McCrea & McCrea, John McCrea, III, Newville, for appellant.
Sylvia H. Rambo, Carlisle, for appellee.
Jones, C. J., and Eagen, O'Brien, Roberts, Pomeroy, Nix and Manderino, JJ.
This is an appeal from an order of the Court of Common Pleas of Cumberland County, entered April 5, 1974, transferring custody of two minor children from their mother to their father.*fn1 The Superior Court, in an opinion by President Judge Watkins, affirmed the order. Judge Hoffman filed a dissenting opinion and Judge Spaeth filed a concurring and dissenting opinion. The mother petitioned this Court for allowance of appeal, which we granted.*fn2 We reverse.
Appellee Fred Myers and appellant Pandora Myers were married on November 9, 1968, and became parents of two girls -- Stacey, born March 8, 1969, and Kelli, born July 20, 1972. Fred is an enlisted man in the United States Air Force and was stationed in Korea from approximately March 1973 to January 1974. Pandora and the two children occupied a mobile home near Shippensburg during her husband's absence. On January 14, 1974, Fred returned home and learned that Pandora had become romantically involved with one Thompson. Fred separated from Pandora shortly after his return and moved in to his parents' home. He has since been transferred to Mississippi, where he now resides. Pandora and the two children left the mobile home on February 11, 1974, and moved into an apartment with Thompson. Thompson moved out of the apartment shortly before the custody hearing on the advice of Pandora's counsel.
At the hearing, Pandora testified that she had filed for a divorce from Fred the morning of the hearing and stated that she and Thompson planned to marry once the divorce became final. She also stated that although she loved Thompson, she would cease all contact with him if that were necessary to retain custody of her children.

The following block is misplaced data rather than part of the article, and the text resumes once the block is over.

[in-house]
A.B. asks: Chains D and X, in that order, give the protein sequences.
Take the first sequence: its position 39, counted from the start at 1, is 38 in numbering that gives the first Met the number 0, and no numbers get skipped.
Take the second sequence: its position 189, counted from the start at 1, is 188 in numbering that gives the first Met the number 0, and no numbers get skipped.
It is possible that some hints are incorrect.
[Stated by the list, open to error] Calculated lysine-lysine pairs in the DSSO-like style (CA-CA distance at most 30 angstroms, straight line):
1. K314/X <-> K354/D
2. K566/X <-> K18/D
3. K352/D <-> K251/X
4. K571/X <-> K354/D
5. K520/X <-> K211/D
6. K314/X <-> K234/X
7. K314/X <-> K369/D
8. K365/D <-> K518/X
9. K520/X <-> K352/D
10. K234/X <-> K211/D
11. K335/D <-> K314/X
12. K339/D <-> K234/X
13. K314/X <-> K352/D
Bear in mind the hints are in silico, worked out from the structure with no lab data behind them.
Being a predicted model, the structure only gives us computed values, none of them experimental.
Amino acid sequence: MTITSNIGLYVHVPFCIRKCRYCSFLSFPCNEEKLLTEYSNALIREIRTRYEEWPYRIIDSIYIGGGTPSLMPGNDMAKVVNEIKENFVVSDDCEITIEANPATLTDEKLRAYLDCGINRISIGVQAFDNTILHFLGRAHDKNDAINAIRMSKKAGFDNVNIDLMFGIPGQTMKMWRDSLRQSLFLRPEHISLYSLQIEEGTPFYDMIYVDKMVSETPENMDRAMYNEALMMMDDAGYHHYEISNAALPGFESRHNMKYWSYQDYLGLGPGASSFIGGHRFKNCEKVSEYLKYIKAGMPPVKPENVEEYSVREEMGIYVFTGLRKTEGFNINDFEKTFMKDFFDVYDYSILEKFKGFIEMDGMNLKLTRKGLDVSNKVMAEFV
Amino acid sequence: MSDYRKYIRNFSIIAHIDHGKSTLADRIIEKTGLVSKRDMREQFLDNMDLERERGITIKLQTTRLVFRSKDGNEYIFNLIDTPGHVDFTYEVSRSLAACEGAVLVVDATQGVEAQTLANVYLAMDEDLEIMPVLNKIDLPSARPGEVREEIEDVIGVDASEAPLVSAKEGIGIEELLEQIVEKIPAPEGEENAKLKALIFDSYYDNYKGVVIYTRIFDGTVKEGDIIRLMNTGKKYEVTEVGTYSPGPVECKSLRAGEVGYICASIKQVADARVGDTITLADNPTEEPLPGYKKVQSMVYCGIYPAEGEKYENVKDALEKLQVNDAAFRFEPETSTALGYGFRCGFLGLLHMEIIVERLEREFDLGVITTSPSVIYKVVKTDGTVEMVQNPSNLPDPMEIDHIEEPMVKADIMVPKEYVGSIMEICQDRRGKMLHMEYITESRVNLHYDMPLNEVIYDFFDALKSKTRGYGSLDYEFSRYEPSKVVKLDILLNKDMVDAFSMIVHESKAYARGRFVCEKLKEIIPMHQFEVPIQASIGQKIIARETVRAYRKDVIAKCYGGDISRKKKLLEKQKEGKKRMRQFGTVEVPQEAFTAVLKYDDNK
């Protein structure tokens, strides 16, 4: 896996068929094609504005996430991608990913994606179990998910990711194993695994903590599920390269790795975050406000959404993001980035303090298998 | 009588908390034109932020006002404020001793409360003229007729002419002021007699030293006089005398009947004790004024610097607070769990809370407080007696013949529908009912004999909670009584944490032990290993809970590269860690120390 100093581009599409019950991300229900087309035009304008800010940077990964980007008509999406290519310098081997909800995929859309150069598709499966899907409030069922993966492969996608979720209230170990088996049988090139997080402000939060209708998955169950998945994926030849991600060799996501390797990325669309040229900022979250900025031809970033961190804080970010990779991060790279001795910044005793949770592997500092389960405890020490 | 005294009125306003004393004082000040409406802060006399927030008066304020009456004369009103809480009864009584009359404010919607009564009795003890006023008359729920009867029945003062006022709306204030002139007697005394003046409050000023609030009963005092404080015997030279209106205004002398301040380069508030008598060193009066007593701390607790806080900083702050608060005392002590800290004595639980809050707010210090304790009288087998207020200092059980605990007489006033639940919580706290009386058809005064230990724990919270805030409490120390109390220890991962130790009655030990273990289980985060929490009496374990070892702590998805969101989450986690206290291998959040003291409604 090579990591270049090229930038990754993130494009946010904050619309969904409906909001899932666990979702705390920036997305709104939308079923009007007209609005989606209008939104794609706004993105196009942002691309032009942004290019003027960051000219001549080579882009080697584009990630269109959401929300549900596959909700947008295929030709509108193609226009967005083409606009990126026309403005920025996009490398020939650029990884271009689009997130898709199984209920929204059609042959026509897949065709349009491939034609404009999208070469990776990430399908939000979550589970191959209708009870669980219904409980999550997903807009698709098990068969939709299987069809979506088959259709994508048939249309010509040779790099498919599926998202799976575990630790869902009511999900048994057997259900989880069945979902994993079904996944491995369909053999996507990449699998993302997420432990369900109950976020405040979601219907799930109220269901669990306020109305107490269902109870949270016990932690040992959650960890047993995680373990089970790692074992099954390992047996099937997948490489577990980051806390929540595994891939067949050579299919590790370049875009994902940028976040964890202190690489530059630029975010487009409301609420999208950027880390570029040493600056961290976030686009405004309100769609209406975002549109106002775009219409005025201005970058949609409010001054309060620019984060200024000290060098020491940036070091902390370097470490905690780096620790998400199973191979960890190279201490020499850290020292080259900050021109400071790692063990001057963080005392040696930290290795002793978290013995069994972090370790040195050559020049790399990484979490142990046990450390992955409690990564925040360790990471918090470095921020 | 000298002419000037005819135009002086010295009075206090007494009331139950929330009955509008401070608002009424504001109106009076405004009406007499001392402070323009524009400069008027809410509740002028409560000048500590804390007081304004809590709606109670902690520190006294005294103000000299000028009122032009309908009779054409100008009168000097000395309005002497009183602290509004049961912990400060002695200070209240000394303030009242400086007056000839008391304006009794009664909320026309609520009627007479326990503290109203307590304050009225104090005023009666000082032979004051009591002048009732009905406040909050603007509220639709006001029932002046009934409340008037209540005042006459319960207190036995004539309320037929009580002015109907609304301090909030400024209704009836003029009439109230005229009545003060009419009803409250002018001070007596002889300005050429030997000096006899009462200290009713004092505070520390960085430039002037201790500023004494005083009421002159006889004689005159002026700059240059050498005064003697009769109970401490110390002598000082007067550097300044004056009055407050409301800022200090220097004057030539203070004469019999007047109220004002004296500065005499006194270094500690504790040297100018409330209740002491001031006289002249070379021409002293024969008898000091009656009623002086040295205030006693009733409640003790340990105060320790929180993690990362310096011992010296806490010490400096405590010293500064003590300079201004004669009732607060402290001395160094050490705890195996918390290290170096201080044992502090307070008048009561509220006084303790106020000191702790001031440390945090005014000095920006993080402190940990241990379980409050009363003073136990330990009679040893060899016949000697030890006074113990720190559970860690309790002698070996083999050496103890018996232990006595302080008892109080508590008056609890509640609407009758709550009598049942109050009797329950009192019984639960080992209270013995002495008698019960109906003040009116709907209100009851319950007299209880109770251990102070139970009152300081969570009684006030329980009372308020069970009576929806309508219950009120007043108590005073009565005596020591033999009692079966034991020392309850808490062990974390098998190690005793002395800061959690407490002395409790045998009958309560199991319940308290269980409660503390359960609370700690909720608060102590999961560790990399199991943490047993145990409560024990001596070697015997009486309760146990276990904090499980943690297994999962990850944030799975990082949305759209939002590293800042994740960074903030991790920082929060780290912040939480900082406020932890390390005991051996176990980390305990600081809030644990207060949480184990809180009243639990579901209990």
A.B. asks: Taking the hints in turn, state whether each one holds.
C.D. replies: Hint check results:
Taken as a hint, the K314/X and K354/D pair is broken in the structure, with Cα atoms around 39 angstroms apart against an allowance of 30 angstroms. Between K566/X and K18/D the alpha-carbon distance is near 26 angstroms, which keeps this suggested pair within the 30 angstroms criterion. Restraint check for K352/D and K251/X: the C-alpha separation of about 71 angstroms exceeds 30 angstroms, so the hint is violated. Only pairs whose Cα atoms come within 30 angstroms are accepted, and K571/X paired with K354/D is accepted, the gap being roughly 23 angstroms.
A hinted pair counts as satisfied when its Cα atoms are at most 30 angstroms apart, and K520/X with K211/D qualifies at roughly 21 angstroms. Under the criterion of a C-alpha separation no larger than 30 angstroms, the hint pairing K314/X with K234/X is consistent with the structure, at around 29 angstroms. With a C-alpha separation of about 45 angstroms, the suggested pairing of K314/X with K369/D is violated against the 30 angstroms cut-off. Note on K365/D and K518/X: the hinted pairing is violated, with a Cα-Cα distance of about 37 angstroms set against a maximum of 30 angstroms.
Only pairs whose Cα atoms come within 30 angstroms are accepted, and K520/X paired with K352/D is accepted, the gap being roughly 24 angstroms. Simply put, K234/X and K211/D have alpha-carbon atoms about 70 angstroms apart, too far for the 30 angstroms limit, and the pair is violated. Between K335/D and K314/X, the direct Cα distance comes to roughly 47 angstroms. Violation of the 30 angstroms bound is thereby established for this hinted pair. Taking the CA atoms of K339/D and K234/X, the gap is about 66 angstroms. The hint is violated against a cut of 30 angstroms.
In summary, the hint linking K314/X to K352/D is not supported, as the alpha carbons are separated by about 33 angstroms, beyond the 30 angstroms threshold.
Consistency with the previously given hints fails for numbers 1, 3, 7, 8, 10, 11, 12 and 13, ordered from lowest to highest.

The hearing court awarded custody of Kelli and Stacey to Fred despite the fact that its order would result in the two children being moved from Pennsylvania. The court justified its action solely on Pandora's "blatantly immoral past conduct":
"Although mere moral lapses are not sufficient to deprive a mother of her child, where the immoral conduct is flagrant and persistent as here, it may not be disregarded in considering the child's welfare. . . . Our appellate courts recognize that a mother's immoral conduct would have a profound adverse effect on the morals of an impressionable young daughter, and such conduct would thus be pertinent to considerations of the best interests of the child. . . .
". . . Although the issue in child custody cases is the present fitness of the prospective custodian, Judge Woodside astutely noted . . . that '. . . as the present is merely the dividing line between the past and the future, the courts can best determine the appellant's probable future conduct by examining her past conduct.' To ignore the present respondent's blatantly immoral past conduct and award her custody of the children under these circumstances would set a highly undesirable precedent. . . ."
Although the hearing court, as fact-finder, must determine the weight to be given the testimony and the credibility of the witnesses, its findings must be supported by competent evidence. Commonwealth ex rel. Pruss v. Page 138} Pruss, 236 Pa. Super. 247, 344 A.2d 509 (1975); Davidyan v. Davidyan, 230 Pa. Super. 599, 327 A.2d 145 (1974). Moreover, the sole issue to be decided in custody proceedings between contending parents is the best interests and welfare of the child. Act of June 26, 1895, P.L. 316, § 2, 48 P.S. § 92 (1965); Commonwealth ex rel. Holschuh v. Holland-Moritz, 448 Pa. 437, 292 A.2d 380 (1972) (plurality opinion of Eagen, J., dissenting opinion of Roberts, J.); Gunter v. Gunter, 240 Pa. Super. 382, 361 A.2d 307 (1976); Commonwealth ex rel. Pruss ...